Configure Options for TINA 6
In order to compile Tina 6, download the tina-libs and tina-tools tarballs to a convenient directory (e.g. /usr/local/Tina6), unzip and untar both using
tar -xvf tina-libs-tarball-name.tar.gz
tar -xvf tina-tools-tarball-name.tar.gz
cd into the tina-libs directory created during the above step and use
then cd into the tina-tools directory and repeat. The libraries will be installed in the libs subdirectories of the tina-libs and tina-tools directories, and a sample toolkit (TINA executable) will be installed in the bin subdirectory of the tina-tools directory.
There are no TINA-specific options for the configure script in the tina-libs area. However, the configure script in the tina-tools area needs to find the tina-libs libraries and header files, and the Gtk libraries and header files. If the automated searches for these fail, then locations can be specified manually using the options described on this page.
If your machine has a multi-core processor (most modern machines do) then you can considerably increase the speed of the build by utilizing all available cores. In order to do this, use the -j flag for the make command e.g.
make -j 4
will allow make to use up to four parallel threads. From some brief experimentation, it seems that setting the number to twice the number of available cores provides the best results.
If you want to compile the tina-libs and tina-tools code with specific flags, such as the optimisation flag for the C-compiler, then all you have to do is give arguments to the ./configure command.
eg, if you wanted to compile with an -O2 flag, then write:
Basically, any environment variable can be specified this way. If you need to specify more than one flag, enclose them in double quotes e.g.
./configure CFLAGS="-g -O2"
If you find that TINA hangs when reading in DICOM images, you probably need to specify which Endian Architecture your machine is. The default for TINA is to assume that DICOM images will be Little Endian Explicit (I think), therefore when presented with Little Endian Implicit, doesn't know what to do.
If you are on a Linux platform, please use:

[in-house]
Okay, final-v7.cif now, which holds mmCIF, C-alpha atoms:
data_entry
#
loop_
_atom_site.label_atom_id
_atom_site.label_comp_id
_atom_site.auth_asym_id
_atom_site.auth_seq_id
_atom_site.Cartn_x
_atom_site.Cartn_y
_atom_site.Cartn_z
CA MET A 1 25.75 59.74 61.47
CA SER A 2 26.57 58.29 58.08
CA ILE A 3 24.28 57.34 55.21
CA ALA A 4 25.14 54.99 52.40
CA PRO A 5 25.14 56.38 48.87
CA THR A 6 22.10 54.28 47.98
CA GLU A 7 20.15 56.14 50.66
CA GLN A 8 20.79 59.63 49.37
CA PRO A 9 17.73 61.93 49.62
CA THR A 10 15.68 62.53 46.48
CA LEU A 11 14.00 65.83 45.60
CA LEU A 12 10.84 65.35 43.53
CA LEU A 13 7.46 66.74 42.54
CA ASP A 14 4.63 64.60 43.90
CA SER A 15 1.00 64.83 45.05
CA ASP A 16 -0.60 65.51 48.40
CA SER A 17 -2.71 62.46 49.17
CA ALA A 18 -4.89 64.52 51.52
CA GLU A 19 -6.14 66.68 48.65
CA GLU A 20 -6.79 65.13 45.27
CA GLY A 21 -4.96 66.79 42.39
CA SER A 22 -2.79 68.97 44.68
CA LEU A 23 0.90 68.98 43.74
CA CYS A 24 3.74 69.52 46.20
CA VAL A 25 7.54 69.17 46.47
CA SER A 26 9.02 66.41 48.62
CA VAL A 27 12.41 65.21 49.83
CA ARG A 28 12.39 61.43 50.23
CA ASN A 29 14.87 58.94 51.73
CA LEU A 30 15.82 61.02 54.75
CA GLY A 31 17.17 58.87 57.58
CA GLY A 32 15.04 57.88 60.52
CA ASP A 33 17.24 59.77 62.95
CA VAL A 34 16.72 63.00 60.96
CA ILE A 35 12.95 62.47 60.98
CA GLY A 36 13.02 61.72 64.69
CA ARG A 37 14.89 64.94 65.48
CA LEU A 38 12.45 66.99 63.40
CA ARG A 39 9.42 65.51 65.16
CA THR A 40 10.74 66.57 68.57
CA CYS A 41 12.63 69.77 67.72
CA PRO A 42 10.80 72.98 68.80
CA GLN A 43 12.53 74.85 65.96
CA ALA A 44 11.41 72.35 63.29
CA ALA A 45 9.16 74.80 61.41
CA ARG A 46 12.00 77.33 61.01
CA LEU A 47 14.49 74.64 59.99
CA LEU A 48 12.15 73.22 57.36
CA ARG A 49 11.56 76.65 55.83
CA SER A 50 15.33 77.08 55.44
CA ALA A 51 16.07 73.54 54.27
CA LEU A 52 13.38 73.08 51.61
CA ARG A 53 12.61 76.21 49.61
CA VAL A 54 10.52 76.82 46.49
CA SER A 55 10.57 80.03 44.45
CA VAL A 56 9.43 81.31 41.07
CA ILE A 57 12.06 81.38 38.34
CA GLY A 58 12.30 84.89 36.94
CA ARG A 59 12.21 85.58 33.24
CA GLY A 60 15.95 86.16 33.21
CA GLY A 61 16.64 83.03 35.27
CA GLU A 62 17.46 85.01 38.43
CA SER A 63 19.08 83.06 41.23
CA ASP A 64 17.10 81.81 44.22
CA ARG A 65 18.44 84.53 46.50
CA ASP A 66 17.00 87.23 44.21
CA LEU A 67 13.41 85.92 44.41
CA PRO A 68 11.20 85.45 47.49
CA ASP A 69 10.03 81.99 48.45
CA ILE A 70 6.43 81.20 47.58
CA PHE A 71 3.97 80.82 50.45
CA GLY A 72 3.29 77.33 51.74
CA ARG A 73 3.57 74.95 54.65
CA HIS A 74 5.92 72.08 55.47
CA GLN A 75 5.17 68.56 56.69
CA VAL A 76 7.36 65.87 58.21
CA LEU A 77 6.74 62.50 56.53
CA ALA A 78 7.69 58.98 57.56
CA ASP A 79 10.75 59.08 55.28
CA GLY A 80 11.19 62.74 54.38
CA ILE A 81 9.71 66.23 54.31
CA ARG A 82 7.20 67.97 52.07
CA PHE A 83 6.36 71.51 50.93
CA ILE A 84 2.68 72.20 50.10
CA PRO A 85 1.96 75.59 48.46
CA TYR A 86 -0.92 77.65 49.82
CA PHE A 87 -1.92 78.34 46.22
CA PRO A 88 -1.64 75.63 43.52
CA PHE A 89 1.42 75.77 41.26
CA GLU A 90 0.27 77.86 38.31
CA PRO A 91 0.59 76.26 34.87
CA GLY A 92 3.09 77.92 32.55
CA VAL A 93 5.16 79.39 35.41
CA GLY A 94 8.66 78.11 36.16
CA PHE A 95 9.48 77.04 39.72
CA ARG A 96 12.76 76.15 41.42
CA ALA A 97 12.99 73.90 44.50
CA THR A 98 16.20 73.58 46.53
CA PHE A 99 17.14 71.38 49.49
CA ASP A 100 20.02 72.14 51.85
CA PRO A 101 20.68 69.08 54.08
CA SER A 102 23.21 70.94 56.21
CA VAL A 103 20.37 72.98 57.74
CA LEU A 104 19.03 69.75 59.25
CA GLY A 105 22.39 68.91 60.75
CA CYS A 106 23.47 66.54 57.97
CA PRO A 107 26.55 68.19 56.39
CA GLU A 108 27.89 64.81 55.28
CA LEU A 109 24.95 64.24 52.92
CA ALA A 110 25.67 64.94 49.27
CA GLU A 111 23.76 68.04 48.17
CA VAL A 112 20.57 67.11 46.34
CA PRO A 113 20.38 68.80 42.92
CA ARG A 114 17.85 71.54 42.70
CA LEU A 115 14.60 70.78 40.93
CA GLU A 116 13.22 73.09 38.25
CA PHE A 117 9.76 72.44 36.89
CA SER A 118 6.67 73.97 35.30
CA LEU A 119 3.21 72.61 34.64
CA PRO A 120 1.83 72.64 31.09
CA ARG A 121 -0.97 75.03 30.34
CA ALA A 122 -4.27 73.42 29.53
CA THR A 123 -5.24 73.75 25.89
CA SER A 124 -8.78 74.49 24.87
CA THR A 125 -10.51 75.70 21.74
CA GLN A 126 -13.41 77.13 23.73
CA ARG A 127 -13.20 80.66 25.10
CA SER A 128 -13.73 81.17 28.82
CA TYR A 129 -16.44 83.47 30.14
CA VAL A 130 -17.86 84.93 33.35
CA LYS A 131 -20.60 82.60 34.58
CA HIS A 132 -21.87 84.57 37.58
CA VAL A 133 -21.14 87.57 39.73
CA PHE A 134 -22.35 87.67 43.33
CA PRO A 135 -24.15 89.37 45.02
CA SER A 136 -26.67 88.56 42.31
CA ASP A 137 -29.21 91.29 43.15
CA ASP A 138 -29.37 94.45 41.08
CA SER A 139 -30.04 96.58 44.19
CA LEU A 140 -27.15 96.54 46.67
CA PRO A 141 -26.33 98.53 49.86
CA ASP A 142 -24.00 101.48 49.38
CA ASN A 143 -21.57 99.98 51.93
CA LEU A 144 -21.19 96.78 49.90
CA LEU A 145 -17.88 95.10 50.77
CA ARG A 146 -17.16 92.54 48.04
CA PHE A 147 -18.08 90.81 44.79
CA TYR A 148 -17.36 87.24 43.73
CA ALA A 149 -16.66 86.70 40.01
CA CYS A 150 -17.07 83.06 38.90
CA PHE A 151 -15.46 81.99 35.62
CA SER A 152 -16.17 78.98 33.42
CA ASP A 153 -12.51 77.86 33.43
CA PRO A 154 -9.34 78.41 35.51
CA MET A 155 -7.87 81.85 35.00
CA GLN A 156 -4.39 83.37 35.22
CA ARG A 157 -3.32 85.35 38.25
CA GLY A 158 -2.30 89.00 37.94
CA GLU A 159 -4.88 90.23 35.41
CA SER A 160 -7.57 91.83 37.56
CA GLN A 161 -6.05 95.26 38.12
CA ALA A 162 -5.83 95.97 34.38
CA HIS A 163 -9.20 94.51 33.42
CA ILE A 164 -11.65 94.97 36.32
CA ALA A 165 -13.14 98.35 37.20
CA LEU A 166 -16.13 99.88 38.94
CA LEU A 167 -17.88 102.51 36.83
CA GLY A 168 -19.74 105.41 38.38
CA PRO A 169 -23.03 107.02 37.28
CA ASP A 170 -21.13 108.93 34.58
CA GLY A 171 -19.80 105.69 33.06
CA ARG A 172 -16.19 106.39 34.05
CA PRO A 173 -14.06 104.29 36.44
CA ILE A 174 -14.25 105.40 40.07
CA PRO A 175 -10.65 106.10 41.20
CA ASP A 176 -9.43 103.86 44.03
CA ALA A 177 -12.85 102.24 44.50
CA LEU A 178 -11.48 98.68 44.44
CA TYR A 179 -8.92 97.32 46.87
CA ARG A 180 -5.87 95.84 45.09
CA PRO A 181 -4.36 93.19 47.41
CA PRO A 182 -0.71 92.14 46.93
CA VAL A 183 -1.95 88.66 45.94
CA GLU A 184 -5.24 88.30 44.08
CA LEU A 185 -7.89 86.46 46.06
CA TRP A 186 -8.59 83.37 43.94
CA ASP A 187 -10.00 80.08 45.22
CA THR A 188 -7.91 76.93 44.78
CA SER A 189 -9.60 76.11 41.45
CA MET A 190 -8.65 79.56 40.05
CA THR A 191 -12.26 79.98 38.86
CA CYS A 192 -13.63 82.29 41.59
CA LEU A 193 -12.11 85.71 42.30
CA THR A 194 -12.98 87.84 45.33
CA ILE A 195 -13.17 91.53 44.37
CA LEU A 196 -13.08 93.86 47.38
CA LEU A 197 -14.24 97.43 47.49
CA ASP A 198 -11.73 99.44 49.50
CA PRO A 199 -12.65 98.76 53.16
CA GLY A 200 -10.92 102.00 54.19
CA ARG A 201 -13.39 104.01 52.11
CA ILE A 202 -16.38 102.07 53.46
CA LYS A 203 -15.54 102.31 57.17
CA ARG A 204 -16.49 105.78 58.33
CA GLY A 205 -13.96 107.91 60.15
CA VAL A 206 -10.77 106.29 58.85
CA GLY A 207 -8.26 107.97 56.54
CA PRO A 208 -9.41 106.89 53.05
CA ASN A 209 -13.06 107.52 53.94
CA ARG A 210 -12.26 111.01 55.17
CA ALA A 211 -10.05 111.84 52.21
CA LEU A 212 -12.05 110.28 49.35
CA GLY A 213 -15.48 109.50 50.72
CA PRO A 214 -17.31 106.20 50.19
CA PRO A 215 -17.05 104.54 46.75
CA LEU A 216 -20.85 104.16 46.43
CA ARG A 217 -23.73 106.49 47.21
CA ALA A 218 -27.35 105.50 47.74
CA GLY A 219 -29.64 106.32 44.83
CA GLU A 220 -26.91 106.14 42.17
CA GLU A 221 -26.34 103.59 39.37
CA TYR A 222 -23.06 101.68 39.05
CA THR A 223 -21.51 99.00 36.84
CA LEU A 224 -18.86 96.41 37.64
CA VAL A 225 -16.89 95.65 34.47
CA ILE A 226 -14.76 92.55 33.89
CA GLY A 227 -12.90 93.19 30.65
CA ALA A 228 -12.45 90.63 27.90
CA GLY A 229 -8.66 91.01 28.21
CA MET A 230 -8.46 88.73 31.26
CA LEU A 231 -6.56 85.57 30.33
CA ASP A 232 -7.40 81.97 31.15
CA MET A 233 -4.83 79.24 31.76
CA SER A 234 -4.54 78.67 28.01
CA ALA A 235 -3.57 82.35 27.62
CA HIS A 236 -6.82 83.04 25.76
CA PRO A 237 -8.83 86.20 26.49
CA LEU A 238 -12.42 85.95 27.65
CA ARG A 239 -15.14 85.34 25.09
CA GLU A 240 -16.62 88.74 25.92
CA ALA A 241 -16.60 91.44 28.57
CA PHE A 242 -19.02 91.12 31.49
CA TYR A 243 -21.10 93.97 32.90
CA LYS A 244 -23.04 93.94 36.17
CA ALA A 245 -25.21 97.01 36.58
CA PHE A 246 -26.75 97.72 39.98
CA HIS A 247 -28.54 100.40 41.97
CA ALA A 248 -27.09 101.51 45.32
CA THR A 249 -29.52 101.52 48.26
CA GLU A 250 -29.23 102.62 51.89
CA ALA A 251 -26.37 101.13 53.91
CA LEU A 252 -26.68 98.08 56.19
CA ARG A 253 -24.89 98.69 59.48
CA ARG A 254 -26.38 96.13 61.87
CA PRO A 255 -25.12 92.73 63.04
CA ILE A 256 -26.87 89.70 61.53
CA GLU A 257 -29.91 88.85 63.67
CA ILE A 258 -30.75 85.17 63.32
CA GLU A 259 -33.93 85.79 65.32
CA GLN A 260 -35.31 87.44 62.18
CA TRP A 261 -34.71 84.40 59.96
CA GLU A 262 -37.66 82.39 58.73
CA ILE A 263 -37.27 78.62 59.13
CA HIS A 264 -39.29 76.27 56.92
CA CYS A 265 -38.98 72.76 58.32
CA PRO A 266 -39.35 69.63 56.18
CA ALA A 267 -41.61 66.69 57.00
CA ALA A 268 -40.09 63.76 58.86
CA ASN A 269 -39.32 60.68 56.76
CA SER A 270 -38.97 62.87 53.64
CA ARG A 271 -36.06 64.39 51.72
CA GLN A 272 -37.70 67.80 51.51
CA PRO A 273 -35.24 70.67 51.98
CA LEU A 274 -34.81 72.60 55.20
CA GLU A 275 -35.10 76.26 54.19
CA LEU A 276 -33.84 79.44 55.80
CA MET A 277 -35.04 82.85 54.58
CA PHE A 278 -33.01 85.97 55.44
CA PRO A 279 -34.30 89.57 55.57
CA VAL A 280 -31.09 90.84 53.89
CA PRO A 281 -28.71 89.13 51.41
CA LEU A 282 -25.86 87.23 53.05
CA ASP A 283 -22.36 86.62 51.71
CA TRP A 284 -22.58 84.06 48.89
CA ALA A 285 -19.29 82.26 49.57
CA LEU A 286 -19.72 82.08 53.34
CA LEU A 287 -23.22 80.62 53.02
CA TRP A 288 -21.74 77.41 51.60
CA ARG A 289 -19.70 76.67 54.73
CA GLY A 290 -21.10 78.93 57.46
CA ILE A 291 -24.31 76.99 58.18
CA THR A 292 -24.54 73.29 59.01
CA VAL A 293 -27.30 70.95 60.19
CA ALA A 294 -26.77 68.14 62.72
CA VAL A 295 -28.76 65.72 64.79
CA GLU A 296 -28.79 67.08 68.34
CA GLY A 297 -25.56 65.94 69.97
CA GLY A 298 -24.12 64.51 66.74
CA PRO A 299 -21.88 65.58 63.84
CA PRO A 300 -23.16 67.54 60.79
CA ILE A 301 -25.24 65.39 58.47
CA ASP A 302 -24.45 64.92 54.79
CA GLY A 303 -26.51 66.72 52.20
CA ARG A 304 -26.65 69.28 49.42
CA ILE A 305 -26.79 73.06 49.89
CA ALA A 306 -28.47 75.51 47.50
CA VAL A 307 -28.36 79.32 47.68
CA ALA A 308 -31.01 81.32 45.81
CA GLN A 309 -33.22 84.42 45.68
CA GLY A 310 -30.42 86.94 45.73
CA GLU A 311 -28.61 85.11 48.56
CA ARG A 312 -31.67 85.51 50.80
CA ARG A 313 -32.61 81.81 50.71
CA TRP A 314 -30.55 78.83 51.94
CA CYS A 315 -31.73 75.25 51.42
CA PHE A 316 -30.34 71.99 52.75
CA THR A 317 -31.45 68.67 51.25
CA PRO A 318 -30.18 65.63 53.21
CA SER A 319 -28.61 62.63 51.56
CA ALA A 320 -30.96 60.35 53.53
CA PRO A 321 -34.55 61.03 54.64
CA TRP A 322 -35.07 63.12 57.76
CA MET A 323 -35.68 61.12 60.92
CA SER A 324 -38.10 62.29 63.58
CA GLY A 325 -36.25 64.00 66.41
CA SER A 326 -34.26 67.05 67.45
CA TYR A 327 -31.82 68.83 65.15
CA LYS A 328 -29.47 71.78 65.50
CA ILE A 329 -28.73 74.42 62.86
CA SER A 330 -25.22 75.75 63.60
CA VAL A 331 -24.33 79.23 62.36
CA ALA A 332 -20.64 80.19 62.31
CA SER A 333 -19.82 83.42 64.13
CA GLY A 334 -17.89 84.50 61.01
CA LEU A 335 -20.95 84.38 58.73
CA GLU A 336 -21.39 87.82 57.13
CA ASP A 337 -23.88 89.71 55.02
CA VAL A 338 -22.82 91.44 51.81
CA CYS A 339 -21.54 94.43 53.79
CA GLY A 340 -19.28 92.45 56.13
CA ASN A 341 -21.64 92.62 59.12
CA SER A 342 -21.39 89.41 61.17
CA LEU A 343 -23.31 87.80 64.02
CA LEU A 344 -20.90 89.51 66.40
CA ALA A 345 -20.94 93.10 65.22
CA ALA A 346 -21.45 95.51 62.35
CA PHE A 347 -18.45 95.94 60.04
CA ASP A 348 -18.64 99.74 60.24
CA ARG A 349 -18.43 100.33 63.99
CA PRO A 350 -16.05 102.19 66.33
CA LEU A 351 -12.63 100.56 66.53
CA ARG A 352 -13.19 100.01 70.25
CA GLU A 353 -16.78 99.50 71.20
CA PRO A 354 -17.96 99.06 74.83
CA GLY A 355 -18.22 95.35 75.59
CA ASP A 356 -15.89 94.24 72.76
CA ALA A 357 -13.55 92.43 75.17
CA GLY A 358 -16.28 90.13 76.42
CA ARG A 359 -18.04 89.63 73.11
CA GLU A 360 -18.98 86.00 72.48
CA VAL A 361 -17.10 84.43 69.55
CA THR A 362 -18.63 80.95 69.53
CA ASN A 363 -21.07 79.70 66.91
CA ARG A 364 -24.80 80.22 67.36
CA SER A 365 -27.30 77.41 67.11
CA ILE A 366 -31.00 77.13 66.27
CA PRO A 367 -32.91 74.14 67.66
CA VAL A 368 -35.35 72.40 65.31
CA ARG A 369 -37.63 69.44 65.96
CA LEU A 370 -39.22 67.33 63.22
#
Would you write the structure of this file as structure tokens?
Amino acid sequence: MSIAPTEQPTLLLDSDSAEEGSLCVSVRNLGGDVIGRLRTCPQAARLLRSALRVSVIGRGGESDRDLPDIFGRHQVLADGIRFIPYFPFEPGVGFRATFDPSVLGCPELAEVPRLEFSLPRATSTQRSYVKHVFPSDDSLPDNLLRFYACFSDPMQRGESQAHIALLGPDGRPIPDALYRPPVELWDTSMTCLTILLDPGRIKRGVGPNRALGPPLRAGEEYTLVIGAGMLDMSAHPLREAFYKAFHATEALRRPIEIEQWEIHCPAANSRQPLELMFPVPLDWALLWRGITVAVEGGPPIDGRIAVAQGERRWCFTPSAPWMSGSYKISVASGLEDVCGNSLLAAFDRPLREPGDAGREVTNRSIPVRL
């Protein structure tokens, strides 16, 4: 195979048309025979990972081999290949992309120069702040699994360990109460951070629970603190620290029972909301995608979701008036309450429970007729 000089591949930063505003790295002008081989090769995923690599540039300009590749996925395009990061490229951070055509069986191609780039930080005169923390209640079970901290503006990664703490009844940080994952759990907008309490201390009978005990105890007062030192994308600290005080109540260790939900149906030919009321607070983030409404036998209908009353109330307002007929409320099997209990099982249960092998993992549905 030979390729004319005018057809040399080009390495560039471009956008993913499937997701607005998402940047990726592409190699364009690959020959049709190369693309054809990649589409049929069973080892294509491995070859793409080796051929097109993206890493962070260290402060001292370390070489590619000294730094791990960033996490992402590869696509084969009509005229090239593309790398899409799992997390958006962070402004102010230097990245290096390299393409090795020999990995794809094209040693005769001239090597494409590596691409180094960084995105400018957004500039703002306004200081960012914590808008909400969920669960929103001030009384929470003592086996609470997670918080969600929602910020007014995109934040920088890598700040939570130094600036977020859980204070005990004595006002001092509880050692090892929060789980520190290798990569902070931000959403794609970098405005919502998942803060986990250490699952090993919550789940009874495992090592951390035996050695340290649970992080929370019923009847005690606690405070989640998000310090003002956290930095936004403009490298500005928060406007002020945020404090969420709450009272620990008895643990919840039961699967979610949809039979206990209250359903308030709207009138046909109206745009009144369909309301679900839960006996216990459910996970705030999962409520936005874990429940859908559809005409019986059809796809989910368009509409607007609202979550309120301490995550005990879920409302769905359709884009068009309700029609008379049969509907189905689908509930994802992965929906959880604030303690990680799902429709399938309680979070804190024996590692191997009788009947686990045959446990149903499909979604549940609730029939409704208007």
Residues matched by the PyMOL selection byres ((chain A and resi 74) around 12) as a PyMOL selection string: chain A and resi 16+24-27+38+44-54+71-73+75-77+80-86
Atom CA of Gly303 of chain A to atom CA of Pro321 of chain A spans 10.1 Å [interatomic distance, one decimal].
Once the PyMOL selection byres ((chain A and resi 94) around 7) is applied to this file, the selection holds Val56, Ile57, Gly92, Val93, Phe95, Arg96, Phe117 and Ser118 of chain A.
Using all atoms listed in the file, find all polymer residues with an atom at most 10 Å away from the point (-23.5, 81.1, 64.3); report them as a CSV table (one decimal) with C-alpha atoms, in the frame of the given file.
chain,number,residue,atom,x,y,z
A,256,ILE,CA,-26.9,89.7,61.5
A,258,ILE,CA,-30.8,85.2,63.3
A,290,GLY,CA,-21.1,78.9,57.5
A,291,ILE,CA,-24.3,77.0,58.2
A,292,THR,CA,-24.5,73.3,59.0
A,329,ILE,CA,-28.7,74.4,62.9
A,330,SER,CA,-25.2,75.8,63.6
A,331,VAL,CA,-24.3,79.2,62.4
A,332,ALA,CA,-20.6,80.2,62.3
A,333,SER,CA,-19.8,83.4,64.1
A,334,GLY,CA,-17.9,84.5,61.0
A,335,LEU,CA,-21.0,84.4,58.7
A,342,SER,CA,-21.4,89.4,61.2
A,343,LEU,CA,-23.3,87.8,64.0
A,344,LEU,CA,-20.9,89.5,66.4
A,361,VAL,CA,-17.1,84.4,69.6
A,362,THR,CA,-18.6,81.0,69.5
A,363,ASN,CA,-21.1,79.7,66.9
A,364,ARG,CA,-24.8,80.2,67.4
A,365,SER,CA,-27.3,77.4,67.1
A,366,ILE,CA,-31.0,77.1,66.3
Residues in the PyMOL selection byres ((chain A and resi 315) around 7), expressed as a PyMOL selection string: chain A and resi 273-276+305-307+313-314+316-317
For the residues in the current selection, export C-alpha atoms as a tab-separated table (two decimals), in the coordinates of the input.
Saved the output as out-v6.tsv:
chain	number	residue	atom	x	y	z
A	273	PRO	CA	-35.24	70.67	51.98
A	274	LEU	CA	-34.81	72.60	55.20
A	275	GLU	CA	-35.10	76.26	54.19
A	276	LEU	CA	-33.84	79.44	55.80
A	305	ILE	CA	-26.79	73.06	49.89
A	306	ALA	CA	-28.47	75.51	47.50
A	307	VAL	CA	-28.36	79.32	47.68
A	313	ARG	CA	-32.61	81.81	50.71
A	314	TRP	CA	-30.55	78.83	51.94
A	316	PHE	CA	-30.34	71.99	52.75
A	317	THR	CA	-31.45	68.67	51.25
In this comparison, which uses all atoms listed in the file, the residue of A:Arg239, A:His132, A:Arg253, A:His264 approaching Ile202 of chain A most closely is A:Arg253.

To be on the safe side, if you are using SunOS?, please use:
Tina Libraries And Headers
At the end of the output from configure.sh in the tina-tools area is a report on the library locations that have been found via the automatic search. If required libraries are not found, warning messages will be given.
The tina-libs libraries and headers should be found if they are in a directory alongside the tina-tools directory. If they are not found, then their locations can be specified using
./configure --with-tina-includes=/path/tina-libs --with-tina-libraries=/path/tina-libs/lib
where path is the pathname of the directory where you untarred the tarballs (e.g. /usr/local/Tina6).
Gtk+ 2 Library Locations
Tina 6 uses pkg-config to find your Gtk+ 2 installation, and so failure to find it implies that it is not installed. However, if you are sure that you have installed Gtk+ 2 but it is not found, you can specify the location manually using
Piping Errors To A Text File
Gcc has two output streams: the first is used for general messages, the second for warnings and errors. Usually both go to standard output (the terminal) but it can be useful to pipe the errors and warnings to a text file, without the general messages, so that they can be read more easily. I haven't found a way to do this using bash, but you can use
sh -c 'make 2>errors.txt'
instead. This sends the first output stream to the terminal, and the warnings and errors to errors.txt. (Those are apostrophes i.e. the symbol on the @ key on a UK keyboard, not grave accents i.e. the symbol on the key under the Esc key). Note that the text file must not exists before typing this command.